- Military removes commander, probes incident
From Mustapha Isah Kwaru, Maiduguri & Joy Baba, Abuja
Soldiers deployed for the counter-insurgency operations against the dreaded Boko Haram sect in Borno state yesterday allegedly opened fire on their General Officer Commanding (GOC) the 7 Division of the Nigerian Army, with headquarters in Maiduguri, the Borno state capital, Major General Ahmadu Mohammed.
The soldiers, our reporters learnt, also fired several gunshots into the air as a show of mutiny against the commander, for allegedly mishandling an operation, resulting the killing of their colleagues in an ambush by suspected Boko Haram militants.
Four soldiers have been confirmed killed, though other sources said the casualty figure in the ambush was “much higher”.
Also, many others were said to have been injured in the ambush, which the personnel blamed on General Mohammed.
The general however escaped unhurt after the mutinying soldiers shot at him, but the Defence headquarters has relieved him of his post as GOC of the Command, and set up an inquiry into the incident.
Details of the attack on General Mohammed were sketchy as at press time because journalists were barred from getting access to the popular Maimalari Military Barracks in Maiduguri, scene of the mutiny.
However sources hinted that serious pandemonium erupted in the barracks and the surrounding neighbourhoods following sounds of horrifying gunshots suspected to have been fired into the air by the aggrieved soldiers.
It was gathered that soldiers fired the shots after the high ranking commander had addressed troops after corpses of their colleagues killed by the insurgents in the ambush were brought to the military formation.
The GOC allegedly shouted down a soldier who expressed reservation over the manner the operation was handled, leading to the killing and wounding of scores of their colleagues.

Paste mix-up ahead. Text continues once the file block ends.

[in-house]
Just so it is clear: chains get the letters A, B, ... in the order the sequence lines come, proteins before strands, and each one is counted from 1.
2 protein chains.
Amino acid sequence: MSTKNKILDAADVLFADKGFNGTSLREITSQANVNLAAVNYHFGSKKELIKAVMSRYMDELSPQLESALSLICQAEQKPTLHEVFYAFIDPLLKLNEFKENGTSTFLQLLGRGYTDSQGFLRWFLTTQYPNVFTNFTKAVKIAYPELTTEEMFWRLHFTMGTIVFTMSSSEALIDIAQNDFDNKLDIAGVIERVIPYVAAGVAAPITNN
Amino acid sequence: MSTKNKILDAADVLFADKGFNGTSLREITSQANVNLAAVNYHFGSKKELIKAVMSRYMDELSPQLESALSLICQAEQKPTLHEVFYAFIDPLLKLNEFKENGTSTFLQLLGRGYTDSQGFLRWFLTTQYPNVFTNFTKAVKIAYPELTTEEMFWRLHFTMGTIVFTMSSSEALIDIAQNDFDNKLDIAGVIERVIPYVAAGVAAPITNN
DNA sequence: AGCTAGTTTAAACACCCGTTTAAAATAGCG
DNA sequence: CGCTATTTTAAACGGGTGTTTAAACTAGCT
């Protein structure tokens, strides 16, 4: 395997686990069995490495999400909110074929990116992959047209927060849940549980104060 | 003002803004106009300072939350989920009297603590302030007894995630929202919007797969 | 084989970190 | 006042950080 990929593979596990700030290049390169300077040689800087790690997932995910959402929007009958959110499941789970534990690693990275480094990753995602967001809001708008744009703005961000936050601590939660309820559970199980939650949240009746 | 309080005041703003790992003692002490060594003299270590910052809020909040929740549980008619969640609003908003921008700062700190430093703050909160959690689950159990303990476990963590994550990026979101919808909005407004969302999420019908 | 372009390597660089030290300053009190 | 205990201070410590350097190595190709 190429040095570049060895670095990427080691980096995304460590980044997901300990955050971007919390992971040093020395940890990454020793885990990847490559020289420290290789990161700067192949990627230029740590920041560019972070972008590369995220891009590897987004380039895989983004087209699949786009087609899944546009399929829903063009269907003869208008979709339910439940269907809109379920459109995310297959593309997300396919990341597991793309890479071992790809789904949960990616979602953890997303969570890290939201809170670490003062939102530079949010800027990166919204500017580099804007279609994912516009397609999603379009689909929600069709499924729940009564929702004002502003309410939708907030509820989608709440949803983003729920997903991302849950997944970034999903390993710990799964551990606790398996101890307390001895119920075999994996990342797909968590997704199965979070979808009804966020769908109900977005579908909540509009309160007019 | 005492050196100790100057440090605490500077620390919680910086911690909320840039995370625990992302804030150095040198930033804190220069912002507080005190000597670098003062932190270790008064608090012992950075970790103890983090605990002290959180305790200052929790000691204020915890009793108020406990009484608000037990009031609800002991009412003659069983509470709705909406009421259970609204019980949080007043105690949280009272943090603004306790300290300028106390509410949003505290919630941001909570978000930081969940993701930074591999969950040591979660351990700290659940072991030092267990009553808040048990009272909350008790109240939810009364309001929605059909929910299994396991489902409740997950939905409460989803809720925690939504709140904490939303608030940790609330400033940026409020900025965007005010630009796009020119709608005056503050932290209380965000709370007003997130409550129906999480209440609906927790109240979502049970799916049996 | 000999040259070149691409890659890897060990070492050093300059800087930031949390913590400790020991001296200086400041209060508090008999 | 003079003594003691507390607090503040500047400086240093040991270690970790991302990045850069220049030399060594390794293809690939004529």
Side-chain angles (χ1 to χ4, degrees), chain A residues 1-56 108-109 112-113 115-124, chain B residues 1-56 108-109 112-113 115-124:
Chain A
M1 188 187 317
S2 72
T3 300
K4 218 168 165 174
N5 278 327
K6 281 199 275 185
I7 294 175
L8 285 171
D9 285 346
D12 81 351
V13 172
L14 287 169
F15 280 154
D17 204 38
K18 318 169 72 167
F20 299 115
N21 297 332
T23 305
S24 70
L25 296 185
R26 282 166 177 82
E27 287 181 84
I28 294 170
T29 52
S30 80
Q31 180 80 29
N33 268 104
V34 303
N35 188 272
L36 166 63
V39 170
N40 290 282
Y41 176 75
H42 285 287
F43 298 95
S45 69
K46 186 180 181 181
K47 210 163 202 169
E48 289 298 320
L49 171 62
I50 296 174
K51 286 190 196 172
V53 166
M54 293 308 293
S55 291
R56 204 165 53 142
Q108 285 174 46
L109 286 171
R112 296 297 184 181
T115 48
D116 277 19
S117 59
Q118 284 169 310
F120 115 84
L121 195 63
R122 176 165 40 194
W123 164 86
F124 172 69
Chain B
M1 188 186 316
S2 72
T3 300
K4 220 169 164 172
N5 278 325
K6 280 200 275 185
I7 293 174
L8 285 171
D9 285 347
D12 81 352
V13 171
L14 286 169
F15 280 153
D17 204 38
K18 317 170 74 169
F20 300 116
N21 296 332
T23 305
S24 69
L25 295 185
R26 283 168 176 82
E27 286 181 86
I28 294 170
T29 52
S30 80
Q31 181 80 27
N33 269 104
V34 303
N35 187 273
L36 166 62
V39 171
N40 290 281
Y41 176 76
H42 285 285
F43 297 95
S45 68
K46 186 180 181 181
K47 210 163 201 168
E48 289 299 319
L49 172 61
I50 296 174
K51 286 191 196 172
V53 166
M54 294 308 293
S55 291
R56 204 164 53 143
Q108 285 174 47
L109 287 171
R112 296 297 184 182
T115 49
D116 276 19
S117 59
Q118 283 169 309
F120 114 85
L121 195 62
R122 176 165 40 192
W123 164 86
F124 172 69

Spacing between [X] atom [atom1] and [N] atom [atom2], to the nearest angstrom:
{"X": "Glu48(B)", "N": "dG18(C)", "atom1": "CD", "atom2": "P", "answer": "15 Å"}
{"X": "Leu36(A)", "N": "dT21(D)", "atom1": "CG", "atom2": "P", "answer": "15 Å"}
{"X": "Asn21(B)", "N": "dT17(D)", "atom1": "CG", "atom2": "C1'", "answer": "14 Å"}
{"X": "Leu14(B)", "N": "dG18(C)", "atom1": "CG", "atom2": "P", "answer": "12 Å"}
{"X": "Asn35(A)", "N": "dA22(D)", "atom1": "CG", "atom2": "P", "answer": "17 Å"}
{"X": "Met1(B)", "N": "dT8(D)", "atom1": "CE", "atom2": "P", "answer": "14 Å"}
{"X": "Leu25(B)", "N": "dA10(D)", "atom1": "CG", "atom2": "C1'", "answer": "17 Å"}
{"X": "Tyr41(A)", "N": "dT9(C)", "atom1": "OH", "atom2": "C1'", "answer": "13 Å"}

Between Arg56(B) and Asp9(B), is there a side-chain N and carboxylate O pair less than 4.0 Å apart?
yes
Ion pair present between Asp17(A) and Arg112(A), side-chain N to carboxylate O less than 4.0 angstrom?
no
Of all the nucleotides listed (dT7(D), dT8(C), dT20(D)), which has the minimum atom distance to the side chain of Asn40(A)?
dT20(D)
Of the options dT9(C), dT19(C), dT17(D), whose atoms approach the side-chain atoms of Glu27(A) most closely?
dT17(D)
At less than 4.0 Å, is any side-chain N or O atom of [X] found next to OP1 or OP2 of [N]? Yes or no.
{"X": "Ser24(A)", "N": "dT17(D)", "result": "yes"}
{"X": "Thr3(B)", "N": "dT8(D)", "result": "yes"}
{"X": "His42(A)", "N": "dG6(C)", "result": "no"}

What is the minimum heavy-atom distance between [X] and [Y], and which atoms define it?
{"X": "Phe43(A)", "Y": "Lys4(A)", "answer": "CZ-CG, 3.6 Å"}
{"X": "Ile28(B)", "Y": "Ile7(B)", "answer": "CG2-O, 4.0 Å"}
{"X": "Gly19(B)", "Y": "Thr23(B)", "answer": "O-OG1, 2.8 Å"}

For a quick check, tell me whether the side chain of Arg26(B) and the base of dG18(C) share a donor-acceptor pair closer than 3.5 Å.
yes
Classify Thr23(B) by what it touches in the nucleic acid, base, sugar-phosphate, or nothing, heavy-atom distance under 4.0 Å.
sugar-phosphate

But to the commander’s surprise, the entire troops also shouted back at him, demanding information on how their colleagues were not given superior arms to confront the Boko Haram.
Residents surrounding the Maimalari Barracks told newsmen on phone that they were thrown into intense fear following sounds of endless gunshots which emanated from the formation.
One of the residents of Shagari Low Cost Housing Estate, who declined identification, said when the gunshots intensified, they thought it was an attack on the barracks by Boko Haram insurgents.
Our correspondent reported that socio-economic activities along the barracks were suspended for several hours as people scampered for safety and stayed indoors. Similarly, all major roads leading to the area were deserted without vehicular movements.
Meanwhile, the Director of Defence Information, Major General Chris Olukolade, yesterday confirmed the removal of General Mohammed from his duty post, on telephone to one of our reporters, and also disclosed in a statement that the division would constitute a committee to probe the mutiny.
Olukolade, in the statement said: “The 7 Division of the Nigerian Army is to institute a military board of inquiry into the circumstances surrounding the conduct of soldiers who fired some shots today while the General Officer Commanding was addressing troops in Maimalari Cantonment, Maiduguri.
“The incident occurred when the corpses of four soldiers who died in an ambush while returning from patrol duties in Chibok was being conveyed to the morgue.
“There is calm in the cantonment and all normal operations activities are ongoing “, the statement concluded.
It will be recalled that troops deployed to the state from various military formations across the country for the counter-insurgency operations had accused their superior officers of series of ill-treatments before now.
Some of the allegations leveled by the aggrieved soldiers include poor working condition, non-payment of operational allowances, illegal deductions, over-stay in the operation and lack of logistics, among others.
Similarly, just last month, some soldiers lodged a complaint over non-payment of their pension contribution deposits over three years after the National Assembly had passed a resolution to that effect.
The affected soldiers argued that non-payment of the pension funds is affecting their morale in the fight against insurgency as their families suffer serious hardships.